||14,563 (35,990); buffer zone 4,087 (10,100)||990; 2000; i, ii, iii, iv, vi||Medieval city with notable pieces of art and architecture; birthplace of the Franciscan order.|
|Botanical Garden (Orto Botanico), Padua||City and Province of Padua, Veneto
||2.20 (5.4); buffer zone 11 (27)||824; 1997; ii, iii||World's first botanical garden has been a center of scientific research and retains its original layout from 1545.|
|Castel del Monte||Andria and Corato, Province of Bari, Apulia
||3.10 (7.7); buffer zone 10,847 (26,800)||398; 1996; i, ii, iii||Built by Emperor Frederick II in the 13th century, the castle blends northern European Cistercian gothic, Muslim architecture and elements from the classical antique in a perfectly symmetrical design.|
|Cathedral, Torre Civica and Piazza Grande, Modena||City and Province of Modena, Emilia–Romagna
||1.20 (3.0); buffer zone 1.10 (2.7)||827; 1997; i, ii, iii, iv||This 12th century cathedral built by Lanfranco (architect) and Wiligelmo (sculptor) is an excellent example of early Romanesque art.|
|Church and Dominican Convent of Santa Maria delle Grazie with "The Last Supper" by Leonardo da Vinci||Milan, Lombardy
||1.50 (3.7)||93; 1980; i, ii||The convent houses the mural painting "The Last Supper", a masterpiece by Leonardo da Vinci and one of the world's most famous paintings.|
|Cilento and Vallo di Diano National Park with the Archeological sites of Paestum and Velia, and the Certosa di Padula||Province of Salerno, Campania
||159,110 (393,200); buffer zone 178,101 (440,100)||842; 1998; iii, iv||Exceptional cultural landscape with settlements and sanctuaries reflecting its historical position on a trade route and related cultural and political exchange in prehistoric and medieval times. The site includes Paestum and Velia, remains of two major towns from classical times.|
|City of Verona||City and Province of Verona, Veneto
||453 (1,120); buffer zone 431 (1,070)||797; 2000; ii, iv||Historical city that preserves urban structures and architecture from 2,000 years of uninterrupted development.|
|City of Vicenza and the Palladian Villas of the Veneto||Provinces of Padua, Rovigo, Treviso, Venice, Verona and Vicenza, Veneto
||334 (830)||712; 1994;[nb 1] i, ii||Urban buildings and villas in the surrounding Veneto region designed by Andrea Palladio had a major influence and architecture and inspired the Palladian style.|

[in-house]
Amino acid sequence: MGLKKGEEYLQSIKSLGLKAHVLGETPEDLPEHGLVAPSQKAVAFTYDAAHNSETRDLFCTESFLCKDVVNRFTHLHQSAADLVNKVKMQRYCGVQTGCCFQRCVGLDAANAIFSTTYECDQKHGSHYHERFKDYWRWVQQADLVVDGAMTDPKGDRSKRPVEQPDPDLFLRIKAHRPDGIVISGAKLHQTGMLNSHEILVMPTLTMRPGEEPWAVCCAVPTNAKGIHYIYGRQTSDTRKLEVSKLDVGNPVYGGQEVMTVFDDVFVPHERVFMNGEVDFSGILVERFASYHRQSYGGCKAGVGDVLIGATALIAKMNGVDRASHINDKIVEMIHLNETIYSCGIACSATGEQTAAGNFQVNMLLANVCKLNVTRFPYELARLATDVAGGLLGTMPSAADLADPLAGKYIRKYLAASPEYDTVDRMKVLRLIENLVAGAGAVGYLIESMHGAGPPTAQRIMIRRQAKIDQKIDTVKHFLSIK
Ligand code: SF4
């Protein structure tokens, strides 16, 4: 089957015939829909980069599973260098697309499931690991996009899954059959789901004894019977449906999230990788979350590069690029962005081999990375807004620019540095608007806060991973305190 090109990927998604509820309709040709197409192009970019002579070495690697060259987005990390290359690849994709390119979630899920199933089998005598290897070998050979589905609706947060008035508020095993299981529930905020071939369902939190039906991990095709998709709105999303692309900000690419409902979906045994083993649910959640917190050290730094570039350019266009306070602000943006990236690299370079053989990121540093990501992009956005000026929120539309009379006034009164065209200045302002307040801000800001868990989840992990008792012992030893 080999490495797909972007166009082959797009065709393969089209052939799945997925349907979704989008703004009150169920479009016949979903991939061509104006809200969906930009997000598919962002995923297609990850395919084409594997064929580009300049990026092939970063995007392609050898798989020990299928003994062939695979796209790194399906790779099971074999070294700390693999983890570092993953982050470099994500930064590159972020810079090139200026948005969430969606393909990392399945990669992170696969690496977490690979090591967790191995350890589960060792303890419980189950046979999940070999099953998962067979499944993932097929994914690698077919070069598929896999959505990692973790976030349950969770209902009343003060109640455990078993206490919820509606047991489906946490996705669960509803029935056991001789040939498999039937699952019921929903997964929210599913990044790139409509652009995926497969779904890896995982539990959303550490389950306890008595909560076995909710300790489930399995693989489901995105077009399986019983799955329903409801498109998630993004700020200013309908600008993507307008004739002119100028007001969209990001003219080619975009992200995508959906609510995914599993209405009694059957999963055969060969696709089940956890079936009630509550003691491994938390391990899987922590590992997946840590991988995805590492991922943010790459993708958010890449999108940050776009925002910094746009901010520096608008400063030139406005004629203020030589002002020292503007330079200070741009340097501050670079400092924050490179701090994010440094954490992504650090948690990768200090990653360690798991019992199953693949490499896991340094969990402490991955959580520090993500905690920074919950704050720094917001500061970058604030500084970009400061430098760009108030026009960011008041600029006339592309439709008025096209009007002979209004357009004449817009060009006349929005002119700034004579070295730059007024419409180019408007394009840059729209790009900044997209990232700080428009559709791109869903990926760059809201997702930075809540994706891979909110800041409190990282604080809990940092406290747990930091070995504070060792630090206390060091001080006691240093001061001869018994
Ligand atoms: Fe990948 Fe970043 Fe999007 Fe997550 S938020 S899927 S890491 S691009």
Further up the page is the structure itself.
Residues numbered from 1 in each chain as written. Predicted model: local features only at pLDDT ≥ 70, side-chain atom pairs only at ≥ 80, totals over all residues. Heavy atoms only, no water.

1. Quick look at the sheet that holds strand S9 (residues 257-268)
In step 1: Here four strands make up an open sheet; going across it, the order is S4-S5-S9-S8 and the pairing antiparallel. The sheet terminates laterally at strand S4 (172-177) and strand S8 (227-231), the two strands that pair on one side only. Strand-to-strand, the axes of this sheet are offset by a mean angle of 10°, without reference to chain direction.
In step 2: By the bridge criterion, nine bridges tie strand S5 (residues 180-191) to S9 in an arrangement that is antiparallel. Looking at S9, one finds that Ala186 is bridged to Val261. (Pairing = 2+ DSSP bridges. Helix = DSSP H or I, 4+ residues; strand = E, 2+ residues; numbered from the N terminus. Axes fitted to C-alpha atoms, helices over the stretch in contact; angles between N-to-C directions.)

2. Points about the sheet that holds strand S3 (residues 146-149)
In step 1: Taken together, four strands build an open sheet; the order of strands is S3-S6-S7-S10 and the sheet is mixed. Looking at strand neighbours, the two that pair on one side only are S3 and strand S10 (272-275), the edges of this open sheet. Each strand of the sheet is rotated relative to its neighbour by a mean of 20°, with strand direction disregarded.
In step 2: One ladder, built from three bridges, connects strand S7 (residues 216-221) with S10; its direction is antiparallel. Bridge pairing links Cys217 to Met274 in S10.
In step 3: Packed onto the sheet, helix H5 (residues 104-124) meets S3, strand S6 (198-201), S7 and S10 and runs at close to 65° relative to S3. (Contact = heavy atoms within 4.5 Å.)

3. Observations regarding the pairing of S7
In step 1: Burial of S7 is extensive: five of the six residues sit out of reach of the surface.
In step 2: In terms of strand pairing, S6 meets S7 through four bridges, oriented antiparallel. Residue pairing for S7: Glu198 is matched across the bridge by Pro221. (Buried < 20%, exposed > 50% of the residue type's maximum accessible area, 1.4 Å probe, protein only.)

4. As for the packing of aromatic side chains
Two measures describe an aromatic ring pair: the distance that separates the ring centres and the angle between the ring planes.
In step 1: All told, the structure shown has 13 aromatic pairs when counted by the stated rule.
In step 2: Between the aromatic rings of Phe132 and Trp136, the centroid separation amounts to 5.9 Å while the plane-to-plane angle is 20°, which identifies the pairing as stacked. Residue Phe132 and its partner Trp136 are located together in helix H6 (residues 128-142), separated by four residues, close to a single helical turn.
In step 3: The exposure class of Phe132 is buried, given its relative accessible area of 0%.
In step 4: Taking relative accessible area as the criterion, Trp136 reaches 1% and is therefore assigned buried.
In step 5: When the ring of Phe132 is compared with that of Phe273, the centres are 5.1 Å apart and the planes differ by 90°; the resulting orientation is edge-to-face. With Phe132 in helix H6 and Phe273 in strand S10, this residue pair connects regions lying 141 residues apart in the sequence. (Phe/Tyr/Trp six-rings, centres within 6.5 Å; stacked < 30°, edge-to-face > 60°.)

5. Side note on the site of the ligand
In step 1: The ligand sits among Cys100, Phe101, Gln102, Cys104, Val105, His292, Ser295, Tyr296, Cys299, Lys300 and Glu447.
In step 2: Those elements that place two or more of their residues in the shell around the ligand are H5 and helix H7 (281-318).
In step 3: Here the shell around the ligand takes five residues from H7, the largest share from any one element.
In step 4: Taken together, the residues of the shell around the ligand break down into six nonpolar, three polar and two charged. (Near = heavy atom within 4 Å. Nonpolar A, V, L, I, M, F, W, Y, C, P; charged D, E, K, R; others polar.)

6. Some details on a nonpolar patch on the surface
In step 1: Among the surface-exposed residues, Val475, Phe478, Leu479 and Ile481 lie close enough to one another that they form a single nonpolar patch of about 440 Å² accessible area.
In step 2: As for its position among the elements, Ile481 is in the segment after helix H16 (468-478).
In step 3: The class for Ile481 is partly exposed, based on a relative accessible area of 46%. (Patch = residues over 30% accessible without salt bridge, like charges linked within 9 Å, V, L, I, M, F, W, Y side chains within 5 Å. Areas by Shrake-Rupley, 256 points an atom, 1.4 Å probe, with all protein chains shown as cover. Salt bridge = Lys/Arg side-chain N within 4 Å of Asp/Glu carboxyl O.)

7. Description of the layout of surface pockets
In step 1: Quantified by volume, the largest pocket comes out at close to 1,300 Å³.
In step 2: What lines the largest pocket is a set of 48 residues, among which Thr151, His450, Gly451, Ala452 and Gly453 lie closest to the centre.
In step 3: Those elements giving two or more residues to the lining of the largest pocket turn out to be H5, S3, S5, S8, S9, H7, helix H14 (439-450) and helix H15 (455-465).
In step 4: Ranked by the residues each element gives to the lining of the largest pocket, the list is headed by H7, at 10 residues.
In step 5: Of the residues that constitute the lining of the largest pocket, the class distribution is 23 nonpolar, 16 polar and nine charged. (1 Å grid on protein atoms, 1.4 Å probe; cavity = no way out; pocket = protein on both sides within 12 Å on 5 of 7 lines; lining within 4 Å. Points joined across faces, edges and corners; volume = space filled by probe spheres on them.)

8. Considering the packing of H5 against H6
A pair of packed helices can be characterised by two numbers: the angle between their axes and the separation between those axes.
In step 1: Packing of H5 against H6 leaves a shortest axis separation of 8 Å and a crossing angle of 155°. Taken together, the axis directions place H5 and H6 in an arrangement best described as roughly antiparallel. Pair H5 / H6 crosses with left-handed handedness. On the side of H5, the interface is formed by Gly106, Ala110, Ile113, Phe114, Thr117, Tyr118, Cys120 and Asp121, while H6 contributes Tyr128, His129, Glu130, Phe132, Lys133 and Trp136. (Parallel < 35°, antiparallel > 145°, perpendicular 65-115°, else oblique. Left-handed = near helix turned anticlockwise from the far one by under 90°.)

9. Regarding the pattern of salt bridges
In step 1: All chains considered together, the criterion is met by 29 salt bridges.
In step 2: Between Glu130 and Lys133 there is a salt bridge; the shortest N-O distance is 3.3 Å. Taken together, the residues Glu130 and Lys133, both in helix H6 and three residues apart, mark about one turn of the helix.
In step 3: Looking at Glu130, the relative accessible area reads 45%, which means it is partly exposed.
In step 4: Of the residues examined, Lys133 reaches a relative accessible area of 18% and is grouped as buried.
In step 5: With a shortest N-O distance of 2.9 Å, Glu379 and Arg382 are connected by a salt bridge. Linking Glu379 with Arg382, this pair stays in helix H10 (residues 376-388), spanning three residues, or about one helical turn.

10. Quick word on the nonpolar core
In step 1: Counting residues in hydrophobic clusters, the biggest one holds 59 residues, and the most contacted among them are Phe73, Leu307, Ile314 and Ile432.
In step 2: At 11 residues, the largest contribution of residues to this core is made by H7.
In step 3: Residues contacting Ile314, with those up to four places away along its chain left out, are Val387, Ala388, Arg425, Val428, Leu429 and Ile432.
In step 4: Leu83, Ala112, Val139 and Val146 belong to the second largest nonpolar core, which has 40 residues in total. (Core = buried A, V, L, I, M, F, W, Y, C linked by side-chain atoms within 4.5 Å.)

|Costiera Amalfitana||Province of Salerno, Campania
||11,231 (27,750)||830; 1997; ii, iv, v||Outstanding example of a Mediterranean coastal landscape with notable architecture and art as well as a rural landscape testifying to the adaptation to the diverse mountainous landscape.|
|Crespi d'Adda||Province of Bergamo, Lombardy
||—||730; 1995; iv, v||Well preserved and partially in use company town built in the 19th and 20th centuries for the workforce of a textile manufacturer. The town includes both residential buildings and common public services such as a clinic, a school, theatre or sports centre.|
|Early Christian Monuments of Ravenna||City and Province of Ravenna, Emilia-Romagna
||1.32 (3.3)||788; 1996; i, ii, iii, iv||Unique collection of high quality early Christian mosaics from as early as the 5th century at a former seat of the Roman Empire and later of Byzantine Italy.|
|Etruscan Necropolises of Cerveteri and Tarquinia||Provinces of Rome and Viterbo, Lazio
||21 (52); buffer zone 5,786 (14,300)||1158; 2004; i, iii, iv||Etruscan cemeteries from the 9th to the 1st century BCE with outstanding wall paintings depicting scenes of daily life of this ancient culture.|
|Ferrara, City of the Renaissance, and its Po Delta||City and Province of Ferrara, Emilia–Romagna
||46,712 (115,430); buffer zone 117,649 (290,720)||733; 1995;[nb 2] ii, iii, iv, v, vi||Intellectual and artistic centre during the Italian Renaissance of the 15th and 16th century with well preserved urban landscape.|
|Genoa: Le Strade Nuove and the system of the Palazzi dei Rolli||Province of Genoa, Liguria
||16 (40); buffer zone 113 (280)||1211; 2006; ii, iv||Ensemble of Renaissance and Baroque palaces along the so-called ‘new streets’ (Strade Nuove) in the historical center of Genoa, which offer an extraordinary variety of different solutions, achieving universal value in adapting to the particular characteristics of the site and to the requirements of a specific social and economic organization. They also offer an original example of a public network of private residences designated to host state visits.|